Cholangiocytes represent an important target of injury during the ischemia and metabolic stress that accompanies liver preservation. Since K+ efflux serves to minimize injury during ATP depletion in certain other cell types, the purpose of these studies was to evaluate the effects of ATP depletion on plasma membrane K+ permeability of Mz-ChA-1 cells, a model human biliary cell line. Cells were exposed to dinitrophenol (50 μM) and 2- deoxyglucose (10 mM) as the standard model of metabolic injury. Whole-cell and single K+ channel currents were measured using patch clamp techniques; and intracellular [Ca2+] ([Ca2+](i)) was estimated by calcium green-1 fluorescence. Metabolic stress increased [Ca2+](i), and stimulated translocation of the α isoform of protein kinase C (PKCα) from cytosolic to particulate cell fractions. The same maneuver increased membrane K+ permeability 40-70-fold as detected by (a) activation of K+-selective whole cell currents of 2,176±218 pA (n = 34), and (b) opening of apamin-sensitive K+ channels with a unitary conductance of 17.0±0.2 pS. PKCα translocation and channel opening appear to be related since stress-induced K+ efflux is inhibited by chelation of cytosolic Ca2+, exposure to the PKC inhibitor chelerythrine (25 μM) and downregulation of PKC by phorbol esters. Moreover, K+ currents were activated by intracellular perfusion with recombinant PKCα in the absence of metabolic inhibitors. These findings indicate that in biliary cells apamin-sensitive K+ channels are functionally coupled to cell metabolism and suggest that cytosolic Ca2+ and PKCα are selectively involved in the response.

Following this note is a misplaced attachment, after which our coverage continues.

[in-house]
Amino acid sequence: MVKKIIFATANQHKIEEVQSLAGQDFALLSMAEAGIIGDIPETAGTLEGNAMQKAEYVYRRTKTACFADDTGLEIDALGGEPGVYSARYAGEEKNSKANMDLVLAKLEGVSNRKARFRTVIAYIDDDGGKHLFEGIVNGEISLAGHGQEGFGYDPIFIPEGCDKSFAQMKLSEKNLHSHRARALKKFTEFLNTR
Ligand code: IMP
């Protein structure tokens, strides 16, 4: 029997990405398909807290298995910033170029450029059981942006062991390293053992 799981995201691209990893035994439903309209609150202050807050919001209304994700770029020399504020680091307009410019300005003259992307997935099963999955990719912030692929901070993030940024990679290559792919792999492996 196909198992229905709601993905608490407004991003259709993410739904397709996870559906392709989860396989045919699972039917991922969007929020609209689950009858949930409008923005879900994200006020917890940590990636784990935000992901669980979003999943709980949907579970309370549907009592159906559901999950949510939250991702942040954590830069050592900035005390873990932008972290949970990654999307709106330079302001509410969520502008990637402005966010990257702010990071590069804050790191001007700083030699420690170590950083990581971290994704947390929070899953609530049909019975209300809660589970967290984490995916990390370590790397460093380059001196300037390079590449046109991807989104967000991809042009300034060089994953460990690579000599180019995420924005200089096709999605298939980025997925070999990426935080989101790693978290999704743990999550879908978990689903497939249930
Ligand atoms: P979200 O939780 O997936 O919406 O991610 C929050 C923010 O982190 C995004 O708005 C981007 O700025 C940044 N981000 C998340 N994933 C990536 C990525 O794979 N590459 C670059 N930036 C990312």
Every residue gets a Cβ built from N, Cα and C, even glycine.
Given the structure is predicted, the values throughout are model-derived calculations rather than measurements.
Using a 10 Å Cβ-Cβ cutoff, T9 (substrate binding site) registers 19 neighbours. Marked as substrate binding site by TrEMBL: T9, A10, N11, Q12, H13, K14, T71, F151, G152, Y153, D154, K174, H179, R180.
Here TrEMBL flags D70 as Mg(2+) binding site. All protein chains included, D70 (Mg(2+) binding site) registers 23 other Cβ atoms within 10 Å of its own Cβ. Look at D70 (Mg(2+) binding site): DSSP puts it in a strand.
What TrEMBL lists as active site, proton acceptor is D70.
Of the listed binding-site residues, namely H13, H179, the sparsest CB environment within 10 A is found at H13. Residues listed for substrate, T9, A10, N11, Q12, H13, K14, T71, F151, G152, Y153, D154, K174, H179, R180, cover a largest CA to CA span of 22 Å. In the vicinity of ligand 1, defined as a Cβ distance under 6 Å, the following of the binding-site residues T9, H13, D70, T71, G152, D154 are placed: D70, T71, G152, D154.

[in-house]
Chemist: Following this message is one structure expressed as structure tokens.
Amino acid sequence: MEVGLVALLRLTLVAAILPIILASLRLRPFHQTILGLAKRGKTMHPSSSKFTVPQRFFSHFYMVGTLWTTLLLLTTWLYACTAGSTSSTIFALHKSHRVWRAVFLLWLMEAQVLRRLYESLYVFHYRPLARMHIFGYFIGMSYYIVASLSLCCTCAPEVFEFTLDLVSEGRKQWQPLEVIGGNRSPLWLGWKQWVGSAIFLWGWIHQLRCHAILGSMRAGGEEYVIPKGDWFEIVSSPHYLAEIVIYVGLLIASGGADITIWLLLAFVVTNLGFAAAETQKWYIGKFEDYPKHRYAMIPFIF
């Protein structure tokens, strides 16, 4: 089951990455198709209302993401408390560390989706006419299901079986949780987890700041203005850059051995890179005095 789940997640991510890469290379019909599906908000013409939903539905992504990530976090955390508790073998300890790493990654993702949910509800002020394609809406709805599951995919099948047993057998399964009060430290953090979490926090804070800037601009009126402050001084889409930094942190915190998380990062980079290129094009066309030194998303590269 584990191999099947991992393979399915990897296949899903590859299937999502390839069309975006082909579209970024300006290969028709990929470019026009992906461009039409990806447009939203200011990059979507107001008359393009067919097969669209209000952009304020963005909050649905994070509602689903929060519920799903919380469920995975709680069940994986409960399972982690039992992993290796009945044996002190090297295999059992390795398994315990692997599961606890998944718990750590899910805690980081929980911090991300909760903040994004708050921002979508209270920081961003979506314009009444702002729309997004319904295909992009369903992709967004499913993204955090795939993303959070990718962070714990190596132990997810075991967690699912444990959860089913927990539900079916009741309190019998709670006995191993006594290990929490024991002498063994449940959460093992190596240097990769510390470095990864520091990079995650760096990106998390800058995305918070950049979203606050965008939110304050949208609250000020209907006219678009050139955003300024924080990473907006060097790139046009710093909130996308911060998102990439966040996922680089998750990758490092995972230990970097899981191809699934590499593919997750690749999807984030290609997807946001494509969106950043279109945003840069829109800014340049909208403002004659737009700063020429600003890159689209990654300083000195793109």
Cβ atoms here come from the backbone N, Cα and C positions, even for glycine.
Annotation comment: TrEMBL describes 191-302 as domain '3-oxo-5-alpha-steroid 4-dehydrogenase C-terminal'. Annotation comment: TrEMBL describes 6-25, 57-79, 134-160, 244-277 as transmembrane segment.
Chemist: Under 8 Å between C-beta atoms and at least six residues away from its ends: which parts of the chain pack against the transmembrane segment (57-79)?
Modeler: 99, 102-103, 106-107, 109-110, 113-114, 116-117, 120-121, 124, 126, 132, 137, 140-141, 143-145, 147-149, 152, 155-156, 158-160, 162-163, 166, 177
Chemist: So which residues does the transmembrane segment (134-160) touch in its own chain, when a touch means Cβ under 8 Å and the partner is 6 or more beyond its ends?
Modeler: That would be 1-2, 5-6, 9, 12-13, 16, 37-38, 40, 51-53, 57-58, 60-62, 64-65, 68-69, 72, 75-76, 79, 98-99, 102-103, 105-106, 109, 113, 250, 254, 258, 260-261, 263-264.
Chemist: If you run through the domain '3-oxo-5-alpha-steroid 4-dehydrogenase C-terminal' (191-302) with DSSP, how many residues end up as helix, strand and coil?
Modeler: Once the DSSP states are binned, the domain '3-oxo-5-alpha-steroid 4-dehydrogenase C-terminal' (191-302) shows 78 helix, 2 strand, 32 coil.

- Ion channel
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